Object lessons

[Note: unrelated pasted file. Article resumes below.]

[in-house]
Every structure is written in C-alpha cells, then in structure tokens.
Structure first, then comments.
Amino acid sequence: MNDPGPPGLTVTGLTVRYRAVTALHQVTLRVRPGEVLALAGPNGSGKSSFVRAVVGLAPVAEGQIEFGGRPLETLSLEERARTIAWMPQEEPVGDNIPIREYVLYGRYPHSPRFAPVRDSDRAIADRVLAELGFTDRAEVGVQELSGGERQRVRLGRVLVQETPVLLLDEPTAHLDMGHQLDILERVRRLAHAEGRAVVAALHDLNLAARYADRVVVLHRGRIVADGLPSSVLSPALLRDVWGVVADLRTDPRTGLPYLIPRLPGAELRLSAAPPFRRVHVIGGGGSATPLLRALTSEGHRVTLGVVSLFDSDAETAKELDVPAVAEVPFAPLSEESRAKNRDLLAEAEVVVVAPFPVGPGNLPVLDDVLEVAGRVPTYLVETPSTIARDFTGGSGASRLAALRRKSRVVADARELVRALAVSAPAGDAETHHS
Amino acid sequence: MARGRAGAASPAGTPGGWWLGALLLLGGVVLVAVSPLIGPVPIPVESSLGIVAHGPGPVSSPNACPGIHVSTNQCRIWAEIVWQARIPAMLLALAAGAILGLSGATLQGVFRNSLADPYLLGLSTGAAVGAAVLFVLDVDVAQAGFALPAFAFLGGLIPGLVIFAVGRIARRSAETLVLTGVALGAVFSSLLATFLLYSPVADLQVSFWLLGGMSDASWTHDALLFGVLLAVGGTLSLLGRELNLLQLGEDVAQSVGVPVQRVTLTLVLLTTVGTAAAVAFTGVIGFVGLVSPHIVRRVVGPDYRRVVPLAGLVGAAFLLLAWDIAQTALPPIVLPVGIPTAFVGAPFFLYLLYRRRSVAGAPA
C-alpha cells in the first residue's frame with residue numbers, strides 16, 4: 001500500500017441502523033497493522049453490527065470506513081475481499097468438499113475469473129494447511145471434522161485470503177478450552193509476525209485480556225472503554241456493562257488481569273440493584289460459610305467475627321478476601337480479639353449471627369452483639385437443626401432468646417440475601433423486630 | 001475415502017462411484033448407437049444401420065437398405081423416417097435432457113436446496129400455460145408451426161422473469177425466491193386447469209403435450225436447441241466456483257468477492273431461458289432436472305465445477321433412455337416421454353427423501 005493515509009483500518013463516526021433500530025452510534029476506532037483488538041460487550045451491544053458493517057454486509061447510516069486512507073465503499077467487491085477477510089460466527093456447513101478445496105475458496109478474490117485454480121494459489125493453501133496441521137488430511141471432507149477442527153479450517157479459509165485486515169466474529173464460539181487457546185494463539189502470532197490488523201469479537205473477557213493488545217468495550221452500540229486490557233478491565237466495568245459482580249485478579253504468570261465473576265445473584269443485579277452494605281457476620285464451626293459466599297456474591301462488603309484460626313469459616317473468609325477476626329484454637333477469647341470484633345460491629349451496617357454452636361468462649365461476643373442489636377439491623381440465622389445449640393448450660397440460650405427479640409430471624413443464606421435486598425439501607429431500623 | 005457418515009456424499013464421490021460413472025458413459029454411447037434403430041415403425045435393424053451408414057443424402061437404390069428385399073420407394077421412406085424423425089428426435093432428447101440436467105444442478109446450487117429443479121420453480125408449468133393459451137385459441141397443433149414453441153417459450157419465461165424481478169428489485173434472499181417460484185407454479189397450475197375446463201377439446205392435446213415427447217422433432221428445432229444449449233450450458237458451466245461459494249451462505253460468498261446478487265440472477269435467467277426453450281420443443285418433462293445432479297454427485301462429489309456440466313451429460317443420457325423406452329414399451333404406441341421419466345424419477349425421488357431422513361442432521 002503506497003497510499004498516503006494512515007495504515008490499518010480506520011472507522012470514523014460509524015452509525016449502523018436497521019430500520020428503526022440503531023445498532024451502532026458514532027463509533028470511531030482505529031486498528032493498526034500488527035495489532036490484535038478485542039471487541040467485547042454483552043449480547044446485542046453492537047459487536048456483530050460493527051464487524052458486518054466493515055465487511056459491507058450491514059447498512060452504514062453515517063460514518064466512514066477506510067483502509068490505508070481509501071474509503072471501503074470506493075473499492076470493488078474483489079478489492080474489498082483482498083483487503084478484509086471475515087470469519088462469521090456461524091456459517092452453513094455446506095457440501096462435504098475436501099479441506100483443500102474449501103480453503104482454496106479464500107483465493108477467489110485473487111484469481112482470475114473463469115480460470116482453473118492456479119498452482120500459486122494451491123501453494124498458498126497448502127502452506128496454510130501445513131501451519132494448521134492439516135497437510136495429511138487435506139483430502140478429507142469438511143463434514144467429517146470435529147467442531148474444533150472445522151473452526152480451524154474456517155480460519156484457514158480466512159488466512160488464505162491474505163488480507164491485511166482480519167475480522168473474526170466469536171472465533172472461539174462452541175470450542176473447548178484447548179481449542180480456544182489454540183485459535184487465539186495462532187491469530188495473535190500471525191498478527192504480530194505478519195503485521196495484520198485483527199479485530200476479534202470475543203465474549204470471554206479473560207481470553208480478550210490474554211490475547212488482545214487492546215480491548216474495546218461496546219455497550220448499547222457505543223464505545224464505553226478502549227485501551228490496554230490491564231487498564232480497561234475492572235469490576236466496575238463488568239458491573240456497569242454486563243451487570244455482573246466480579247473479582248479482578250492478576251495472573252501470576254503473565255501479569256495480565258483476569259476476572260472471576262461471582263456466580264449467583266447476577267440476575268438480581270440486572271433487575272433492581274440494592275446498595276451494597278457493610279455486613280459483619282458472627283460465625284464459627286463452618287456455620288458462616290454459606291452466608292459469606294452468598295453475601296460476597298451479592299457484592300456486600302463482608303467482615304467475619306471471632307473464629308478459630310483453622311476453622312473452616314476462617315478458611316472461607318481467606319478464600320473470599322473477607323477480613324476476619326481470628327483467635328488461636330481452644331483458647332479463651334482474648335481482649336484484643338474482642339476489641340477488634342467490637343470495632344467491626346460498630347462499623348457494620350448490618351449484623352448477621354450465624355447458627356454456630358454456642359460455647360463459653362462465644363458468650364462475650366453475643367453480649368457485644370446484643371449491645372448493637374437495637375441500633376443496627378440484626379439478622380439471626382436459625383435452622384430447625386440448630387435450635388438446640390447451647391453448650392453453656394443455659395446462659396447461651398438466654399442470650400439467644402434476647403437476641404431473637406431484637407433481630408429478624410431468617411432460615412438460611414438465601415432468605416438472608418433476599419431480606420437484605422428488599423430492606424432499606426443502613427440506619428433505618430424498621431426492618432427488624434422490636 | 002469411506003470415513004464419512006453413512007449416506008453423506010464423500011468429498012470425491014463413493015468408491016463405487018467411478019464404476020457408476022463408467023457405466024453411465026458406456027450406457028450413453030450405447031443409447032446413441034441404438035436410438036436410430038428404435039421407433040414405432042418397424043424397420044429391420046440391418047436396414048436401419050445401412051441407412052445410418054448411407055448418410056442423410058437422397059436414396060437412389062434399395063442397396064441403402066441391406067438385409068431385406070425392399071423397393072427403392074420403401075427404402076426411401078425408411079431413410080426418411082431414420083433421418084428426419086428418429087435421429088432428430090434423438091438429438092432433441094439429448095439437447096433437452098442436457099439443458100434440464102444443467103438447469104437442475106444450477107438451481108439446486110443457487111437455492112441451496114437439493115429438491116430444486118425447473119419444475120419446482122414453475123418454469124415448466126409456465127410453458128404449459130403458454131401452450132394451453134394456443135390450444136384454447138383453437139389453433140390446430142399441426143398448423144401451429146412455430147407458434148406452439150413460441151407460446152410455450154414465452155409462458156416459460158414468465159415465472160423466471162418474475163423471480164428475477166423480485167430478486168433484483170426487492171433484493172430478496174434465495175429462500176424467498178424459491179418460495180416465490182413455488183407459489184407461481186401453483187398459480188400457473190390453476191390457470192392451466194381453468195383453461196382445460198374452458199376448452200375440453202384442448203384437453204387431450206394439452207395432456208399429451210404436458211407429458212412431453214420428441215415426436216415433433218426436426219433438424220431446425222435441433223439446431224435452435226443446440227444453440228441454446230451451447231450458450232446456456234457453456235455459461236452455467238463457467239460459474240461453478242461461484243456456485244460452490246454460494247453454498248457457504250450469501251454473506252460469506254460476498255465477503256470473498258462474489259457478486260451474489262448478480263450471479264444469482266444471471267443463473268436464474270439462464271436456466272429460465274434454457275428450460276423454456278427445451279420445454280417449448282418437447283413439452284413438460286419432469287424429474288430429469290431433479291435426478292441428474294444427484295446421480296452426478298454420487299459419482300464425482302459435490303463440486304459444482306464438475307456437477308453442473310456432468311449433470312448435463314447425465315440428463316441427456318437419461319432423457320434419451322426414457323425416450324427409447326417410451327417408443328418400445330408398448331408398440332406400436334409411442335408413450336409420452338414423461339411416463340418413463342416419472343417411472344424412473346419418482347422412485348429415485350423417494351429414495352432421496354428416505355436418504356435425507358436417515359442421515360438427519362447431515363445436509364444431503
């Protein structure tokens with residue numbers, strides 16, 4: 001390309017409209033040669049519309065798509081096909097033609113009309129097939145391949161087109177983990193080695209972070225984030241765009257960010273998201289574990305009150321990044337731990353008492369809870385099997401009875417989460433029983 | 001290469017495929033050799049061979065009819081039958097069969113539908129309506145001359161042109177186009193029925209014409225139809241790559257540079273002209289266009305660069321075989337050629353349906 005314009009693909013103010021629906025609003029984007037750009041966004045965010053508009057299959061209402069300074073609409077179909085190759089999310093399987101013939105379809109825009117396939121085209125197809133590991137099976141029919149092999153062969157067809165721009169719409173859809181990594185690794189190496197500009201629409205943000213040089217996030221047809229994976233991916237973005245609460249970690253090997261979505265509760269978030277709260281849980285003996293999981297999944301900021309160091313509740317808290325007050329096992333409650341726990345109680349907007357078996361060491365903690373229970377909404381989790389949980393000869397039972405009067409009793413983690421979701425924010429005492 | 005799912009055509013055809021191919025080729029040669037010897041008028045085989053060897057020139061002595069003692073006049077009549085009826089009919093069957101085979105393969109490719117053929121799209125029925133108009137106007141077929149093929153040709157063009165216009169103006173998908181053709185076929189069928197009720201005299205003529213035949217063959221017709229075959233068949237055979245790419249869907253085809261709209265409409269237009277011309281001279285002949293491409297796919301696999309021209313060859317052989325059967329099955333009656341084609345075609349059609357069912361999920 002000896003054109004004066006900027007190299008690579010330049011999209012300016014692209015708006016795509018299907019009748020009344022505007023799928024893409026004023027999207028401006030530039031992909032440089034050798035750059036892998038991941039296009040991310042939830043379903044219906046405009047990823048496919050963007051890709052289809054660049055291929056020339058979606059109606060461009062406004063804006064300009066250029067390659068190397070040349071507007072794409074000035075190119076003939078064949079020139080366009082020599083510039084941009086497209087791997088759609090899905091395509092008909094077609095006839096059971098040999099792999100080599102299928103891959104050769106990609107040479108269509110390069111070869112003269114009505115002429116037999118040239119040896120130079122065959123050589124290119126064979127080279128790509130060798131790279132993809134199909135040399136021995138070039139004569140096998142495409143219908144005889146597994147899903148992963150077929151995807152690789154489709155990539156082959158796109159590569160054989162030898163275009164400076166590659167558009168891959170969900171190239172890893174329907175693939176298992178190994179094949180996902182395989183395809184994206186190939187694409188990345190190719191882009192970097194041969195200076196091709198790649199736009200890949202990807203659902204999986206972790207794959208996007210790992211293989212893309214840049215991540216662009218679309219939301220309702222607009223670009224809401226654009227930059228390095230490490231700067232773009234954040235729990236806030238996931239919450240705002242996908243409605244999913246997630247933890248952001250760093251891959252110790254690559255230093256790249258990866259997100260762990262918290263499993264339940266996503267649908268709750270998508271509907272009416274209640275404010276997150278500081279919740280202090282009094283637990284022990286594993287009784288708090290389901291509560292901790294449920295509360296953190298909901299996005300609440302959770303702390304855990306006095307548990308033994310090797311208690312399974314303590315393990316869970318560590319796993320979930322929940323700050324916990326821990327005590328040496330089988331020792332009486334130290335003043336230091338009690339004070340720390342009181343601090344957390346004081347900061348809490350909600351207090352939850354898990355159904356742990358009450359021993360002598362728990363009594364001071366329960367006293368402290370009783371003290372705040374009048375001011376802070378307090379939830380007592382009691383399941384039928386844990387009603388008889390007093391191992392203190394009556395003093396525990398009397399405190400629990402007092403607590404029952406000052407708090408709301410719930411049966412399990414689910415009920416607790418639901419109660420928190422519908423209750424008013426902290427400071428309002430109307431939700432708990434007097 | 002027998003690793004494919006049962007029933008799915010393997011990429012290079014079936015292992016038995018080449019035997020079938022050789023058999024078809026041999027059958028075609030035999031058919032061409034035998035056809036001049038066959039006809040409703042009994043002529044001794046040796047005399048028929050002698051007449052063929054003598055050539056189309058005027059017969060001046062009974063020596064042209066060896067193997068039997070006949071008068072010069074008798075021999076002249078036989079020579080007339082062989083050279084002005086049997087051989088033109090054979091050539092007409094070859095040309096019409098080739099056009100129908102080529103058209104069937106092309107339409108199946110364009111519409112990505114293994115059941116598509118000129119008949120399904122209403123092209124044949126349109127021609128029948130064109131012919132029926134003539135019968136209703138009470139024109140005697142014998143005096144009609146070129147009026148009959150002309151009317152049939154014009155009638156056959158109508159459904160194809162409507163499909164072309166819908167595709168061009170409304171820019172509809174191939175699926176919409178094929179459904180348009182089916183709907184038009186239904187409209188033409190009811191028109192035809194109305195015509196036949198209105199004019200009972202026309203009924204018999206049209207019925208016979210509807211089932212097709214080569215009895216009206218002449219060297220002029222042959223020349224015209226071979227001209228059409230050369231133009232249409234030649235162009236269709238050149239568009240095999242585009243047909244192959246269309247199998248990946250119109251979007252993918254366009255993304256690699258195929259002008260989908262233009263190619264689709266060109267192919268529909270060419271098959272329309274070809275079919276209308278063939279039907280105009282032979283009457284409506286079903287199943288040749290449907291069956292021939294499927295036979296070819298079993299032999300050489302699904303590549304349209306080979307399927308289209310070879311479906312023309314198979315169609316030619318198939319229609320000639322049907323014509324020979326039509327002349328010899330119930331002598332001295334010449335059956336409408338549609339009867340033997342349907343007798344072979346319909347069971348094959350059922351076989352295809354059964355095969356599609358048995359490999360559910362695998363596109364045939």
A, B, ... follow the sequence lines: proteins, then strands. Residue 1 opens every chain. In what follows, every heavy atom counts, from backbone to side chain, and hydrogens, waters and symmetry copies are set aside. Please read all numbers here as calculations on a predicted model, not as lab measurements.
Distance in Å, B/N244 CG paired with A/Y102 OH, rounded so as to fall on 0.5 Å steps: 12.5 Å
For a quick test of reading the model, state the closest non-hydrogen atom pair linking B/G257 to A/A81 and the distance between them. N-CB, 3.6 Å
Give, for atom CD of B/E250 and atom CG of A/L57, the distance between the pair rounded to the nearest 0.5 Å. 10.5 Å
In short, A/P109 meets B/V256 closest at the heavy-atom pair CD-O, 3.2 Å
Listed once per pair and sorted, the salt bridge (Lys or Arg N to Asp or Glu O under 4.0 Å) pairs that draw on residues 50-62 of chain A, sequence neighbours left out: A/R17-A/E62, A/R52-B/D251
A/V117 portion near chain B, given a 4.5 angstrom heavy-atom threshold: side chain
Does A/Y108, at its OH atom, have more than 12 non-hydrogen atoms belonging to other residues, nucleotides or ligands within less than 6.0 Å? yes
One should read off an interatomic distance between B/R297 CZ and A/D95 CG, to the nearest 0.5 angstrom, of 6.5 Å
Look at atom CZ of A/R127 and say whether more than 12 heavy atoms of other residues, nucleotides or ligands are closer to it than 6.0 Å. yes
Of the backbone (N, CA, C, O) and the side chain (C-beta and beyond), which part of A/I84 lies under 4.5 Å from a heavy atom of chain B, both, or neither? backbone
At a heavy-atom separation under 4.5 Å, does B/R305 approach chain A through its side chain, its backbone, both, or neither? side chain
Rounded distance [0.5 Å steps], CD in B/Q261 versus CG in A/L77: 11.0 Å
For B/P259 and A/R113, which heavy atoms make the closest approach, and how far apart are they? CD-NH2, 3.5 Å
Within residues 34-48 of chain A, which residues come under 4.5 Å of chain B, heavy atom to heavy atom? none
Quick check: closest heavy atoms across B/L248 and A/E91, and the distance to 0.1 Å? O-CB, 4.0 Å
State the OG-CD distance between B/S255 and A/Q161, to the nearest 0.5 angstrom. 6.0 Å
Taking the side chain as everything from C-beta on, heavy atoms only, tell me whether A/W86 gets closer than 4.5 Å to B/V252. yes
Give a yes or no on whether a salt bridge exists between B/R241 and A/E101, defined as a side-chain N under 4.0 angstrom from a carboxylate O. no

I finally got around to watching Objectified on Netflix. It’s a documentary about industrial design, by the makers of Helvetica. Both films are excellent. As I was watching it, I realized that many of us actually live inside an almost entirely pre-imagined world. This is true even if you dwell in the suburbs. A house and lawn are both products of human design. They involve completely natural components, like mice and chickadees and grass and rain, but the grass is cut, and  chickadees nest near the bird feeder and mice are sniffing peanut butter in traps and rain gets sluiced off into downspouts. The overall feel of living in a suburban home, or really almost any home, is an experience produced by shaping, tending, adjusting, and adapting to an imagined vision of what daily life should feel like. But for city dwellers, or anyone who lives in some kind of urban environment, you can go through a day and encounter almost nothing that isn’t the product of the human imagination. Spend a day walking through Manhattan and you are living inside a completely imagined world: it was all thought-up by somebody at some point. The roads, the lights, the buildings, the billboards, the vehicles, the hot dog stands, the subway, the signs in the subway, the t-shirts on the people in the subway, the guitar somebody was playing which gets smashed over the musician’s head by somebody who doesn’t like the guy’s acoustic version of Free Bird—everything but the few scarce bits of vegetation poking up through the concrete and the little rectangle of sky overhead. Even the faces and poses of other pedestrians or subway riders are consciously shaped, designed to express indifference and aloofness, usually, if we’re talking about New York. The point is, the world you inhabit was, at some point, an act of imagination. The filmmakers don’t make this point explicitly but I think it was really behind the motivation to make the film: an insight into the fact that we invent a design for our world and then, subliminally and ubiquitously, that design begins to invent us, or at least our experience and behavior. Human design literally structures the world we inhabit. Painting also creates the sense of a world, though it’s one only your imagination can inhabit. Design is an imaginative act, but its ultimate goal is behavioral: it governs how our bodies and minds interact with the physical world all day long.  One Japanese designer in the documentary, Naoto Fukasawa, says that he looks for the moment when “design dissolves into behavior.” In other words, it becomes so integrated into how we make our way through the day, we forget it’s there and it becomes almost categorical, something that undergirds experience, a foundation of behavior, like gravity—it actually becomes part of the way our bodies and minds work. (Think of how software design shapes your daily experience through computers, phones, tablets, ATMs, all of the things you do only because the software makes it possible.) This particular Japanese designer was a delight to watch as he talked about his work. He looked as if he’d brought a spirit of playfulness into everything he did: he said when he was a kid his mother would peel potatoes with a knife and he noticed how a round natural object became this geometric model with all these little sharp edges and flat surfaces. It would become a kind of polyhedron. So he designed a cell phone that had all those same little flat surfaces, a potato phone, basically, with very few curves, like a sort of shrunken, deflated geodesic dome. He said everyone who used that particular phone would play with it compulsively, palming it, turning it, rolling it around in their fingers, just subconsciously impelled to feel all the edges. He grinned at how the design of the phone could inspire a compulsive, tactile experience—how it “dissolved” into that experience. It created behavior.